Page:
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In Kolkata’s Rajabazar, an NGO is transforming the lives of young girls through football

In Kolkata’s Rajabazar, an NGO is transforming the lives of young girls through football

Sayan Chatterjee

Published: 5 Feb 2021 8:28 AM GMT

The area of Rajabazar in north Kolkata is a universe of its own. A majorly Muslim-dominated neighbourhood, the locality is rife with issues related to child marriage, dowry and other notorieties which have for long denied female residents here a life of dignity and equality. Out of this seemingly impregnable darkness, a young lady named Shahina Javed has carved out an identity for herself and others like her with the help of football amongst other things.

Shahina grew up with social injustices as an indispensable part of her childhood. Her experiences made her collaborate with other like-minded individuals who wanted to improve the quality of life for women in the area and in 2008, she started Roshni Youth Group. The non-governmental organization (NGO) works with lawyers, activists and educationalists to fight for women’s rights and social reform. Their workshops have since helped hundreds of young girls, counselling them on matters such as education, freedom of choice and fundamental rights.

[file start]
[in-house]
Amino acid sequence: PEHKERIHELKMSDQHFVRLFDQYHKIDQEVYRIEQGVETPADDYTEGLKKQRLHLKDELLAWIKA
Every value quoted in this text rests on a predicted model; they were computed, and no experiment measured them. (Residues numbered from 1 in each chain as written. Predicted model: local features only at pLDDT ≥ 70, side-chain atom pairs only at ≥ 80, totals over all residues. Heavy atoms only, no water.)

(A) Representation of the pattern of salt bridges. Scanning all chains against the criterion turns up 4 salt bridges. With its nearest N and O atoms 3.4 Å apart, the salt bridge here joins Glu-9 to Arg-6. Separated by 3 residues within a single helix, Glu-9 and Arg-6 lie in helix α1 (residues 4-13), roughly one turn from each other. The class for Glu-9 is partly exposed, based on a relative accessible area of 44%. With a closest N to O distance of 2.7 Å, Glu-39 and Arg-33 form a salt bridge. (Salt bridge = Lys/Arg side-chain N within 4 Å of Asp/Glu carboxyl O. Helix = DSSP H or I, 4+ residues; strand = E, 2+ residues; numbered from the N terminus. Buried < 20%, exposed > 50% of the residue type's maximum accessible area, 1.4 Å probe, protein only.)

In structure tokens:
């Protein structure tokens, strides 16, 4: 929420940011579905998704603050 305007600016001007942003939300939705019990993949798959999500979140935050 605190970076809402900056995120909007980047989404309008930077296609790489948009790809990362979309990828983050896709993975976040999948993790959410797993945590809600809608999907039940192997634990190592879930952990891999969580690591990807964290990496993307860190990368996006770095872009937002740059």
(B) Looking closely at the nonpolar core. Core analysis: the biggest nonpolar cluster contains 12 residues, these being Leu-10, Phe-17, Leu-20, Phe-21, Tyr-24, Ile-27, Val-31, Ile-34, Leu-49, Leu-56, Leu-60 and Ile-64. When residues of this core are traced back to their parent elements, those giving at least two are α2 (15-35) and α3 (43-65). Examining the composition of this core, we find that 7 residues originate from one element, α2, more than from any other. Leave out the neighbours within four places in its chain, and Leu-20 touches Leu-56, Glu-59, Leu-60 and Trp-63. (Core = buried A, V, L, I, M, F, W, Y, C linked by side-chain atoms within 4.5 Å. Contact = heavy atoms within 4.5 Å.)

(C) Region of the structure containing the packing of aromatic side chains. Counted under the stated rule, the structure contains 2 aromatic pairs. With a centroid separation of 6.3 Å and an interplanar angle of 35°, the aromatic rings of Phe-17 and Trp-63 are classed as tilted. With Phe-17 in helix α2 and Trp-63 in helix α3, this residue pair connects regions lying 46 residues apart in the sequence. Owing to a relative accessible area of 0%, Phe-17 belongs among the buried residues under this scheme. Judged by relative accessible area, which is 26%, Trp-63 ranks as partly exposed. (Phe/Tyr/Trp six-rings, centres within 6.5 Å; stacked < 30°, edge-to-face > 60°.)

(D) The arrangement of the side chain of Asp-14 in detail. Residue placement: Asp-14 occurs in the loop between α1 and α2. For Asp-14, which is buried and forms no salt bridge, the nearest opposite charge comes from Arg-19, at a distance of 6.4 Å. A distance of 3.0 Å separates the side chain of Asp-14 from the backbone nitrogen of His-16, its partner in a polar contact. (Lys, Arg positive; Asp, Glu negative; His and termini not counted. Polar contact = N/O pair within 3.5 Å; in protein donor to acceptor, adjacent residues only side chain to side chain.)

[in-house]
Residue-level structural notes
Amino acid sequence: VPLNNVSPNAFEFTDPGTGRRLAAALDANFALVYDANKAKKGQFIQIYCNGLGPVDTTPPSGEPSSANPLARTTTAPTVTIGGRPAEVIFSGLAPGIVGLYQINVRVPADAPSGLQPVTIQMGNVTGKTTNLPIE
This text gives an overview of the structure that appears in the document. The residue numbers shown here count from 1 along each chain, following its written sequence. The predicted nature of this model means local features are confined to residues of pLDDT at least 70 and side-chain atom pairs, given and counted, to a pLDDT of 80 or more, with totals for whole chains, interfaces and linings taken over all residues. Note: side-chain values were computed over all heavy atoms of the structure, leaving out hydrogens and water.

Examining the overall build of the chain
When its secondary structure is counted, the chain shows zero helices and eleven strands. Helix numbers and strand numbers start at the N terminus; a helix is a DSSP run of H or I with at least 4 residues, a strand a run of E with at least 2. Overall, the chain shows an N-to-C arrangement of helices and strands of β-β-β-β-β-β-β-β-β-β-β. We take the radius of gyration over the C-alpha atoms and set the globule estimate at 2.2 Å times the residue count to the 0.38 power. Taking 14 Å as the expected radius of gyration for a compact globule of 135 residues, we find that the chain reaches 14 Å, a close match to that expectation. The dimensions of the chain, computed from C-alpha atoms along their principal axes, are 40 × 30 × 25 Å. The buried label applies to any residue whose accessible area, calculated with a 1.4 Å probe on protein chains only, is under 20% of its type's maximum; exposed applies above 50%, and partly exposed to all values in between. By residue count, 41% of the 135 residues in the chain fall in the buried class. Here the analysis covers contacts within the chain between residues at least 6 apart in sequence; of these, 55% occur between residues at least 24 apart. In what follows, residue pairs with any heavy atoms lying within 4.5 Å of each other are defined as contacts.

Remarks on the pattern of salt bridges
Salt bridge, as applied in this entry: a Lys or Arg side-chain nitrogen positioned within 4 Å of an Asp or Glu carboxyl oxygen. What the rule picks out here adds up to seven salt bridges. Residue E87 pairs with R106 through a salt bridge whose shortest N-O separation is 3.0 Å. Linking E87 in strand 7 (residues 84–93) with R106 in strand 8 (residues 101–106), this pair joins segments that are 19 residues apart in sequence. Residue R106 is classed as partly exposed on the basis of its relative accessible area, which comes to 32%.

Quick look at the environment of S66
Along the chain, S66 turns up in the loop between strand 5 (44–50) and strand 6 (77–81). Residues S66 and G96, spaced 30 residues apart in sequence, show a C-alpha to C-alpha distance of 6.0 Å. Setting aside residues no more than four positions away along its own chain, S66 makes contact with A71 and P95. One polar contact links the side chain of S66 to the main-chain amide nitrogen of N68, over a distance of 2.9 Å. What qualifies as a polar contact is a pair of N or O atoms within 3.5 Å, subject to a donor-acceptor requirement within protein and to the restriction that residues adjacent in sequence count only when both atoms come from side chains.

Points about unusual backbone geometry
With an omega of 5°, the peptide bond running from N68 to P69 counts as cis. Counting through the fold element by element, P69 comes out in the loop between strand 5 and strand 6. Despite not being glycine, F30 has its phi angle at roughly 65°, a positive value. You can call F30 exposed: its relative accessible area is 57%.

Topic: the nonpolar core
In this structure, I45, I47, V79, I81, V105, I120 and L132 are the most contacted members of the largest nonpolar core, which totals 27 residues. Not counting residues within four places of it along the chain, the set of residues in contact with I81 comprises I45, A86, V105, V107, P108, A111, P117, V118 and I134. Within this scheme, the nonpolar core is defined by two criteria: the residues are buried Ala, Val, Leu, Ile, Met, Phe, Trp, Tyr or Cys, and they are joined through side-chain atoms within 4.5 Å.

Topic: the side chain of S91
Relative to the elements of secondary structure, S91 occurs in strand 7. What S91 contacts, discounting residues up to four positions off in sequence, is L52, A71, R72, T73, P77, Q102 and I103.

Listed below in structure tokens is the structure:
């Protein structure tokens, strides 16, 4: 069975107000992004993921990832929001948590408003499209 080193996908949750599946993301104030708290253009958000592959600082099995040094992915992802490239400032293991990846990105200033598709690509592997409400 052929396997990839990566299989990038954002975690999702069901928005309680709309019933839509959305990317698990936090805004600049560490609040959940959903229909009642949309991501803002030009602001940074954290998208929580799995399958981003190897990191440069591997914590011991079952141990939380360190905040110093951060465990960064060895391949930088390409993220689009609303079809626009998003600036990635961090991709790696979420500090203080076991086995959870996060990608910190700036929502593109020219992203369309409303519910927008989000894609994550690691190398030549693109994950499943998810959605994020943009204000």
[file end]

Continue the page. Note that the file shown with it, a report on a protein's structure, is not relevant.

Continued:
Then, in 2017, she founded an all-women football team of five girls from her own locality. Although this attracted a lot of hate from locals who were averse to the idea of girls playing in the open, their performances in several tournaments all over the city have somewhat helped in bringing them around. Their biggest achievement was when they were invited to participate in the 2018 National Inclusion Cup in Mumbai. Today, close to 50 girls undergo regular training and want to continue playing the sport despite what their family members might have to say about it.

The fact that Shahina and her co-workers were attacked and threatened by locals when they organised a tournament for the first time says a lot about how systemic the oppression of women has become in pockets such as these. With sports in India gradually moving towards being equally represented by both genders, it is important that we educate people about important topics like gender discrimination and other such vices. Till the time that the general public shies away from conversations surrounding such topics, the next generation of young girls who don’t have the privilege that a Sania Mirza or PV Sindhu had will keep giving up on their dreams. And that would be a collective failure for all of us.

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